SILS Cholecystectomy

Adrian M Maghiar, MD, PhD, George E Dejeu, MD, Pravish R Sookha, MD, PhD

Spitalul Pelican Oradea, Romania

Aim: Evaluating the difference between two SILS Cholecystectomy techniques in the experience of our clinic.
Methods: From August 2009 till September 2012 the surgical teams, taking in consideration ultrasonography measurement of the thickness of the gallbladder wall, previous surgery on superior abdominal wall, and the lack of signs of acute inflammation, proposed the single incision laparoscopic cholecystectomy to all patients that met all conditions.
Our technique involves a 2 cm transombilical incision, through which we introduce our first 10 mm trocar and perform a exploratory laparoscopy. If the case seems feasible for SILS cholecystectomy, we continue by placing a second 10 mm trocar just anterior and lateral to the first one.
We took into consideration 100 consecutive cases resolved by SILS Cholecystectomy through the puppeteer technique (group A) and 100 consecutive cases resolved by SILS Cholecystectomy using the Dapri forceps from Karl Storz and the Endograb (group B).
Results: We had 4 conversions from SILS to classic laparoscopic cholecystectomy. All of these cases were for bleeding difficult to control through the SILS technique, all in the first 100 cases resolved by the puppeteer technique. The mean operation duration was 42 minutes for the puppeteer technique and 33 for the technique using the Dapri forceps. We must admit that the first SILS Cholecystectomy using the Dapri forceps was after the first 90 cases resolved by the puppeteer technique. Most patients were female in both groups (79% in group A and 82% in group B). There was no statistically significant difference in pain score and cosmetic result (as judged by the patients) between the groups (pain score of 3.4 out of 10 for group A and 2.8 for group B; and cosmetic result score at one month postop of 9.2 out of 10 for group A and 9.5 for group B).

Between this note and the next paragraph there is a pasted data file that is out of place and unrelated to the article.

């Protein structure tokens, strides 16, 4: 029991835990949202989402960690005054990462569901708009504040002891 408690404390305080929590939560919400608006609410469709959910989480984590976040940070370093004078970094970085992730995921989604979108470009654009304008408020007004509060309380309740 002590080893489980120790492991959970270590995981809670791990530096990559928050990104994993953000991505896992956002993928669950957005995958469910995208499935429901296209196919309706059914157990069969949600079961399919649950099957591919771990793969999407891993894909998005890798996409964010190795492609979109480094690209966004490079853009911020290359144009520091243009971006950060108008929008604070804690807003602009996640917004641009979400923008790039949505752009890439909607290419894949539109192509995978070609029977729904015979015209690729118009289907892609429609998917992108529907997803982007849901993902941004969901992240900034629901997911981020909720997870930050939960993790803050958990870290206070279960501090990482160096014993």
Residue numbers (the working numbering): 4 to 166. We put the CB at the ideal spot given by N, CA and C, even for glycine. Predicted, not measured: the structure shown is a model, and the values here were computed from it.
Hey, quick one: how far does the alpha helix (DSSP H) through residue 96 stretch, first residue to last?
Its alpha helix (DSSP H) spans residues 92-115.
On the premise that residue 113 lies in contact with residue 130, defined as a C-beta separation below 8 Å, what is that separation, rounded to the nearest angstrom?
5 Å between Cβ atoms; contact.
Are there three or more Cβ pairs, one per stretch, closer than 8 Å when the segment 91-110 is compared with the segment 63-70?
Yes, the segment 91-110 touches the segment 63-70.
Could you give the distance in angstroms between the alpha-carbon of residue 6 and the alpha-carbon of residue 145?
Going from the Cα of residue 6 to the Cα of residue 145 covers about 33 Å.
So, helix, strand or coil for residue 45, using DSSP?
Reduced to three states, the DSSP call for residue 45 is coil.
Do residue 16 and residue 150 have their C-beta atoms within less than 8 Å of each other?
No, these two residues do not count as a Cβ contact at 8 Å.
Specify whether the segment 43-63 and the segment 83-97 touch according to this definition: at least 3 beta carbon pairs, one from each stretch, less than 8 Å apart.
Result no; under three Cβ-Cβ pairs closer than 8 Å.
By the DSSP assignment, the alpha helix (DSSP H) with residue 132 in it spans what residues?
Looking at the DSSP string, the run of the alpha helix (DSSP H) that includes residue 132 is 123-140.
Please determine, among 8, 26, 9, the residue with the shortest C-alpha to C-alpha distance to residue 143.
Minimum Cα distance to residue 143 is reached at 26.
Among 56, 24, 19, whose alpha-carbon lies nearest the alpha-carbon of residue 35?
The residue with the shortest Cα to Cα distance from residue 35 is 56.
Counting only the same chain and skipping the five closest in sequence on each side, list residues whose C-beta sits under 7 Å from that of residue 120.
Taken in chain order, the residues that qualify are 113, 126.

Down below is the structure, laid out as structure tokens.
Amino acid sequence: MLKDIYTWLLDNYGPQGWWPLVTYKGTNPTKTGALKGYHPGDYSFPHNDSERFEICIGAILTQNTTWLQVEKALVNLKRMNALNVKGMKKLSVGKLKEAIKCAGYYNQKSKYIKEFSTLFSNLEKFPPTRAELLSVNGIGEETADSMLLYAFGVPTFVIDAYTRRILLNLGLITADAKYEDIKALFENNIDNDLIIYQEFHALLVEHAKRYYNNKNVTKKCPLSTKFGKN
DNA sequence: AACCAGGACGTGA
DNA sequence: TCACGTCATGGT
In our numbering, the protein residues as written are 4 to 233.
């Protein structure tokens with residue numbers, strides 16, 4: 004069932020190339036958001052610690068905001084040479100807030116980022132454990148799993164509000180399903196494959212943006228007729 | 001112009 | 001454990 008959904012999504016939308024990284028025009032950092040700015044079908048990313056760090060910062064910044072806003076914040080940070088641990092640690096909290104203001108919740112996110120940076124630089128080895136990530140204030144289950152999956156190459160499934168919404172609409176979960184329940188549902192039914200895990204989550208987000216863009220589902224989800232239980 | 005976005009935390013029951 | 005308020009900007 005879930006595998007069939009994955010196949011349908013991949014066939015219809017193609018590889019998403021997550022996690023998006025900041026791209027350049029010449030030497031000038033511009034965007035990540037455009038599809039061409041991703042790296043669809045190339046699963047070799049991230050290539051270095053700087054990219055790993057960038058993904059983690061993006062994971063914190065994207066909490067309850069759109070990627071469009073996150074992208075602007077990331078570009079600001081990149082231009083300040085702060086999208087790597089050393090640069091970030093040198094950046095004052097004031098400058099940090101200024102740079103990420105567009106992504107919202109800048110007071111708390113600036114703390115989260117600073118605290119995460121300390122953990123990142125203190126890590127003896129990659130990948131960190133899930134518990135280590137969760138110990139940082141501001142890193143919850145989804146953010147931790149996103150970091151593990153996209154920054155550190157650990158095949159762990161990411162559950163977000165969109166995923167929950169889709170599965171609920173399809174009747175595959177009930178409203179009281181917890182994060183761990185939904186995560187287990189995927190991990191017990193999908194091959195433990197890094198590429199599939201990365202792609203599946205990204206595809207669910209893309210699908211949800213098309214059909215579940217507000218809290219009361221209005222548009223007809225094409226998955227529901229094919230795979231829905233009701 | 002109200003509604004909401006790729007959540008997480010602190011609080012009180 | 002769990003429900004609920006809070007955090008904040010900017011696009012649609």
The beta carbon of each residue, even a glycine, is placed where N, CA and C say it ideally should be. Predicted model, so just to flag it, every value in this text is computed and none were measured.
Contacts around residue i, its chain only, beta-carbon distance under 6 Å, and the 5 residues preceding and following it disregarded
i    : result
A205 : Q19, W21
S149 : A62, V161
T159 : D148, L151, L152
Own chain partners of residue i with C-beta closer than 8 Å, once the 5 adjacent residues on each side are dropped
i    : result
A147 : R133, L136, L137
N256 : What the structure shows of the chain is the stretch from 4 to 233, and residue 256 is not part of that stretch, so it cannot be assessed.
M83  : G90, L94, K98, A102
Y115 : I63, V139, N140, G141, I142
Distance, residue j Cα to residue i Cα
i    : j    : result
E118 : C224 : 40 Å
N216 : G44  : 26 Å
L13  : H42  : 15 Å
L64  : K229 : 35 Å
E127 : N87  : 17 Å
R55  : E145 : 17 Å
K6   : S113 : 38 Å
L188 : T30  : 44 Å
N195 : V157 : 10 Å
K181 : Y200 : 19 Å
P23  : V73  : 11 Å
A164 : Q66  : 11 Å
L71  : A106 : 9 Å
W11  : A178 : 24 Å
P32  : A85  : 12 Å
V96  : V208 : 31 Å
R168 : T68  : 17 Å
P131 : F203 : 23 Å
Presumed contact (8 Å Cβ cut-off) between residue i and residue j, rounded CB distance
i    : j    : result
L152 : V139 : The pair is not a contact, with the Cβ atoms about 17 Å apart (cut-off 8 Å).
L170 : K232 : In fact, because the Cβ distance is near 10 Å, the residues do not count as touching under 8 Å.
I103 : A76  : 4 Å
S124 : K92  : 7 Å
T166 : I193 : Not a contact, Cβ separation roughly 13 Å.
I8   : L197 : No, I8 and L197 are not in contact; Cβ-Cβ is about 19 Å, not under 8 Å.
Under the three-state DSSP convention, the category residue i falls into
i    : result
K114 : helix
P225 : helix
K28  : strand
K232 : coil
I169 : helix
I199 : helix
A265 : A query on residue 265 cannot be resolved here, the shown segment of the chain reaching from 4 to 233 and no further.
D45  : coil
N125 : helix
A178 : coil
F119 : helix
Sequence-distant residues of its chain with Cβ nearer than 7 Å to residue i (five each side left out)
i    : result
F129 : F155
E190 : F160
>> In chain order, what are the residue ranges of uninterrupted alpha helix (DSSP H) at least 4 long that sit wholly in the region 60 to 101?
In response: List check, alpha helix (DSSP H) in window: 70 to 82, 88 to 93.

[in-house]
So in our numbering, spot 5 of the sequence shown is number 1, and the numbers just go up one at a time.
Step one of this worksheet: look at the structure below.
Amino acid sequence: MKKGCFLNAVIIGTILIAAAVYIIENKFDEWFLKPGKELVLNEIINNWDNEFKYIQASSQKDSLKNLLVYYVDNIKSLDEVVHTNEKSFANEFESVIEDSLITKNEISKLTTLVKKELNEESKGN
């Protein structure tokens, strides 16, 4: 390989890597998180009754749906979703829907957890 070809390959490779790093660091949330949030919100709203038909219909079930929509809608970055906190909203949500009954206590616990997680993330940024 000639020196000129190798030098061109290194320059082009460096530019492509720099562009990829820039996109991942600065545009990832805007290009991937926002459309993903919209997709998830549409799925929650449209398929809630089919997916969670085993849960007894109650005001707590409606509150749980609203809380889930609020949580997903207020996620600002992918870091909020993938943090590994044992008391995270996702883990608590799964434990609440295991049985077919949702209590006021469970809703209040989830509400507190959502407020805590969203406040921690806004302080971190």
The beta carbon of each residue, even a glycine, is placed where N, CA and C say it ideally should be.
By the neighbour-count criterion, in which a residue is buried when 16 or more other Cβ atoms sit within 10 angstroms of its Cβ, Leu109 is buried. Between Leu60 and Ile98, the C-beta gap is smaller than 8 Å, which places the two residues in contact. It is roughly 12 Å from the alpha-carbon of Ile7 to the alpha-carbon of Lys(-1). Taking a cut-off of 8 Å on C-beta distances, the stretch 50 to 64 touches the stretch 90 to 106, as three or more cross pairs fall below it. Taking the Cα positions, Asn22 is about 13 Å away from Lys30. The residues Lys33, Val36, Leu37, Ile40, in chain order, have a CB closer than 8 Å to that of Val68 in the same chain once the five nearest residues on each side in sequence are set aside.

Conclusions: Single incision laparoscopic surgery is still a new concept, it is feasible, and will definitely be in great demand in the future. The puppeteer technique is a economic way of performing SILS cholecystectomy and can be performed in all surgery clinics that are performing laparoscopic procedures. The introduction of curved instruments, although more expensive, comes in the aid of both surgeons ergonomics and shortening the operating time without the sacrifice of patient safety. More studies are needed before one can draw a clear conclusion on weather one technique is better than the other.

Session: Poster Presentation

Program Number: P349

« Return to SAGES 2013 abstract archive

Reset A Lost Password